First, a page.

On Thursday afternoon at the
Georgia State Capitol in Atlanta, Gardner will receive the National Order of the Legion of
highest decoration. He is one of 10 World War II veterans in the Southeastern
United States receiving the honor from Pierre Vimont, France’s ambassador to the United States, nearly 66 years after Normandy.
The long years between then and now
hardly diminish Gardner’s
feelings about the honor: “I was excited; I was elated’’ to know he will
receive the high honor after all those years.
landed on Utah Beach,
one of the two United States
assignments, the other being Omaha.
Three other beaches, Gold, Juno and Sword, were British and Canadian
assignments. This was Operation Overlord, under the command of Gen. Dwight D.
Eisenhower who later served two terms as president (1953-61). Overall, 175,000
Allied troops and 50,000 vehicles were on the beaches and the invasion of Europe was under way.
recalled his experience on Normandy
in a Monday Q & A of The Sun News: “It was, of course, frightening when
you’ve got people in concrete placements firing down at you as you came in, and
you had to cross 100 yards of open beach. ... Once we became consolidated on
the beach, we were able to move together as a unit and wipe out the Germans who
were facing us. We had to move inland and link up with the paratroopers from
the 82nd Airborne, who dropped in from the other side.”
In his book of “Stories of Faith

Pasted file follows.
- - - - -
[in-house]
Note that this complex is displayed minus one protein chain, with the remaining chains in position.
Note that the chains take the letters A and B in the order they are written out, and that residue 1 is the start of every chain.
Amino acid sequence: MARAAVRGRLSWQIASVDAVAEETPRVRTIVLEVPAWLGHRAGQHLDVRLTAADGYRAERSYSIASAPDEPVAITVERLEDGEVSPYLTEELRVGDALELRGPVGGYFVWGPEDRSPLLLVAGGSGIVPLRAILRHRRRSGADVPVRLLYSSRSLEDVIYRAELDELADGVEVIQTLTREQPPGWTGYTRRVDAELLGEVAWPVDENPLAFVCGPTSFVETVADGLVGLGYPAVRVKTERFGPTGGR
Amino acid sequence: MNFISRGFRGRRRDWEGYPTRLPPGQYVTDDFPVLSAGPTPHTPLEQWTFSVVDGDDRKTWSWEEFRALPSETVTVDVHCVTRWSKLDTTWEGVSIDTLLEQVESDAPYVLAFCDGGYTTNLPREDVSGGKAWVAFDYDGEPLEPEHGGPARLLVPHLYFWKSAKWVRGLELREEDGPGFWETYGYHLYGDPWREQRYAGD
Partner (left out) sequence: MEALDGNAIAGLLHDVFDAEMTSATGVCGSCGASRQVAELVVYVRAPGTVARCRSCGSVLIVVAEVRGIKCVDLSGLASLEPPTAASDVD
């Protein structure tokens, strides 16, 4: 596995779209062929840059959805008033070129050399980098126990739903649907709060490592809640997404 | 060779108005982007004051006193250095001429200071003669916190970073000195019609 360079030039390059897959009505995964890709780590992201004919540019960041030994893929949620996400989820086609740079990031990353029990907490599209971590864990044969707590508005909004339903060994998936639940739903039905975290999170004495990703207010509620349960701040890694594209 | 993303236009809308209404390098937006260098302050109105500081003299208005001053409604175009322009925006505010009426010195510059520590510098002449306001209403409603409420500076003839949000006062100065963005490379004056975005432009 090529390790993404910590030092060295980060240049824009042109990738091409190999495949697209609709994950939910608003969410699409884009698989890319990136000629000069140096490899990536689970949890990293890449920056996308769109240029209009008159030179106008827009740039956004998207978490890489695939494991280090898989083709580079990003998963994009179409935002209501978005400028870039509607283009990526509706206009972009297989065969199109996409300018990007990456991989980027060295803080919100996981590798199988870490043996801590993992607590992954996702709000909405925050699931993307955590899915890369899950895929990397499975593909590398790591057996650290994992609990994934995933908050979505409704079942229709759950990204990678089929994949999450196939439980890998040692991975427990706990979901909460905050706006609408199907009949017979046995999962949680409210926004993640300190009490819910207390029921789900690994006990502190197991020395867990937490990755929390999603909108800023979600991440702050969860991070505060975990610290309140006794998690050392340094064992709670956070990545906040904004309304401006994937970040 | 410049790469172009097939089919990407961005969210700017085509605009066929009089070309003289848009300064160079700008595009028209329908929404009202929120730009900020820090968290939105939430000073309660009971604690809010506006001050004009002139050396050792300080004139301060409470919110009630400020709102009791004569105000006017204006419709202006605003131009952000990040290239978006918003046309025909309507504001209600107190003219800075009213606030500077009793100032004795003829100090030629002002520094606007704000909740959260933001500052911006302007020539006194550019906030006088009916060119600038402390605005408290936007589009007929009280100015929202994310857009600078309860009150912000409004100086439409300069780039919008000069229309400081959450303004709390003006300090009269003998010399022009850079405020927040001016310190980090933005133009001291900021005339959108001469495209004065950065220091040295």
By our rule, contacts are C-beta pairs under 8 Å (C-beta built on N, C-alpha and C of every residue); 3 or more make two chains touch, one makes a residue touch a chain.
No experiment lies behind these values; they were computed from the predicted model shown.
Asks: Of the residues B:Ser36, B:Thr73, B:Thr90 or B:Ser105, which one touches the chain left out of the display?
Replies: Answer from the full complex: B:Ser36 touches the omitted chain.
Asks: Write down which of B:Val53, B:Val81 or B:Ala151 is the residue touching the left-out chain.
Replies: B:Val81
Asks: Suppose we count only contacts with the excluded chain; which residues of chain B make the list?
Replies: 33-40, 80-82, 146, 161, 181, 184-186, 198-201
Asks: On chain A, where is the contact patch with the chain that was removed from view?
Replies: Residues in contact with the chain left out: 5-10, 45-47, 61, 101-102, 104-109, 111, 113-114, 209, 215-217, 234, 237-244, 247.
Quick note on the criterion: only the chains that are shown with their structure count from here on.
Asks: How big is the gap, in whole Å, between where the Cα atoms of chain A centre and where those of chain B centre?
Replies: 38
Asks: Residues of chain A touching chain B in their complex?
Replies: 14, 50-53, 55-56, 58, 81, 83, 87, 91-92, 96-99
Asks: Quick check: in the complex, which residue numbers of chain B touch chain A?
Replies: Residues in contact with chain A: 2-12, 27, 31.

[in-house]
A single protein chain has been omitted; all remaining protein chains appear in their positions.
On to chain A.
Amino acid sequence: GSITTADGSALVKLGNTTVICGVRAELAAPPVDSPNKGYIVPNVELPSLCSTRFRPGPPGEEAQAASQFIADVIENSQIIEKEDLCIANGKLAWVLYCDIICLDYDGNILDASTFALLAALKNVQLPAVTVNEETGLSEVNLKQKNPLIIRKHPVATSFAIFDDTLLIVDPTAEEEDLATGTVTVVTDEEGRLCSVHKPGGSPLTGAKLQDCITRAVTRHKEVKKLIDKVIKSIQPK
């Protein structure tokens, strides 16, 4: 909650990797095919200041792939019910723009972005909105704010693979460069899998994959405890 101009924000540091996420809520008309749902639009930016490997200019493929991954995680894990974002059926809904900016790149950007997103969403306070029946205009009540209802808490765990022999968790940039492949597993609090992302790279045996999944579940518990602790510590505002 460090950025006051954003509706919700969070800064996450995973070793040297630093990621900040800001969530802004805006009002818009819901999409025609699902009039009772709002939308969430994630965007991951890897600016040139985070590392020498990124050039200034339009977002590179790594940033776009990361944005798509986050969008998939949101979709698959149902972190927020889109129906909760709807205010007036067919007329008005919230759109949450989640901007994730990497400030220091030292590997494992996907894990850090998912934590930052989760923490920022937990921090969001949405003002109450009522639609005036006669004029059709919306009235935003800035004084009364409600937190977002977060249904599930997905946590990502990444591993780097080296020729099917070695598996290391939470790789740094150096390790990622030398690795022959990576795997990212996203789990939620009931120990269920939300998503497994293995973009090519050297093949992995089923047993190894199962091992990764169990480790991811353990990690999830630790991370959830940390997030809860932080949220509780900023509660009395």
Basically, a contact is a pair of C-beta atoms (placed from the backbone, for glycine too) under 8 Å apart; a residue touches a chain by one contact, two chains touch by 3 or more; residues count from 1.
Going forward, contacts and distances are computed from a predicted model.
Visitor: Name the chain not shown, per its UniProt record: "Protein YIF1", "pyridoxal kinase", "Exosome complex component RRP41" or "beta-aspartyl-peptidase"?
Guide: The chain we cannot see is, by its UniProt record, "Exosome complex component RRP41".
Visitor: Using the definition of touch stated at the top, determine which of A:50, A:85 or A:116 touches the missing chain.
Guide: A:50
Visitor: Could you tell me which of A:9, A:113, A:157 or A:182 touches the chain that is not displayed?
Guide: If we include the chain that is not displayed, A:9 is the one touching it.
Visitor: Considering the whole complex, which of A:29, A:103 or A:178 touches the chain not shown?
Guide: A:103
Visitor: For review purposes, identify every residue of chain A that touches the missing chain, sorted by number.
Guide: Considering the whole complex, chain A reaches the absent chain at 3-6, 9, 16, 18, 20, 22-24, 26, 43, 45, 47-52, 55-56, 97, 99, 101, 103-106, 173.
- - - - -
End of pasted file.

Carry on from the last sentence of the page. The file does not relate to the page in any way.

and Courage from World War II,’’ Myrtle Beach
author Larkin Spivey describes the situation: “The German units manning the
coastal defenses of Normandy
were well prepared ... and offered bitter resistance. … The high ground was
taken by the end of D-Day thanks to the initiative and courage of small-unit
leaders and individual soldiers.’’
It’s often been said of “The
Greatest Generation’’ that the soldiers of WWII were not at all talkative about
their war experiences in France, Germany or perhaps on a warship in the Pacific
or on an island such as Guadalcanal.
No doubt, many who served in
various branches of the military did not want to recall the war and declined to
talk when asked.
In The Sun News interview, Gardner offers a
different take. He didn’t tell his children about WWII because they didn’t ask.
“My kids have never asked me about the war. My grandkids have asked me about
it. … They had assignments in school, so I was picked as their hero to write
Thursday’s presentation of the
Legion of Honor is an appropriate way of thanking men such as Gardner for their courageous service in WWII.
The formal recognition after so many years is a vivid reminder of a period of
history that profoundly affected most of the world.
It’s also a gentle reminder for all
generations to, by all means, ask their parents, grandparents, aunts and uncles
to share the experiences of their lives.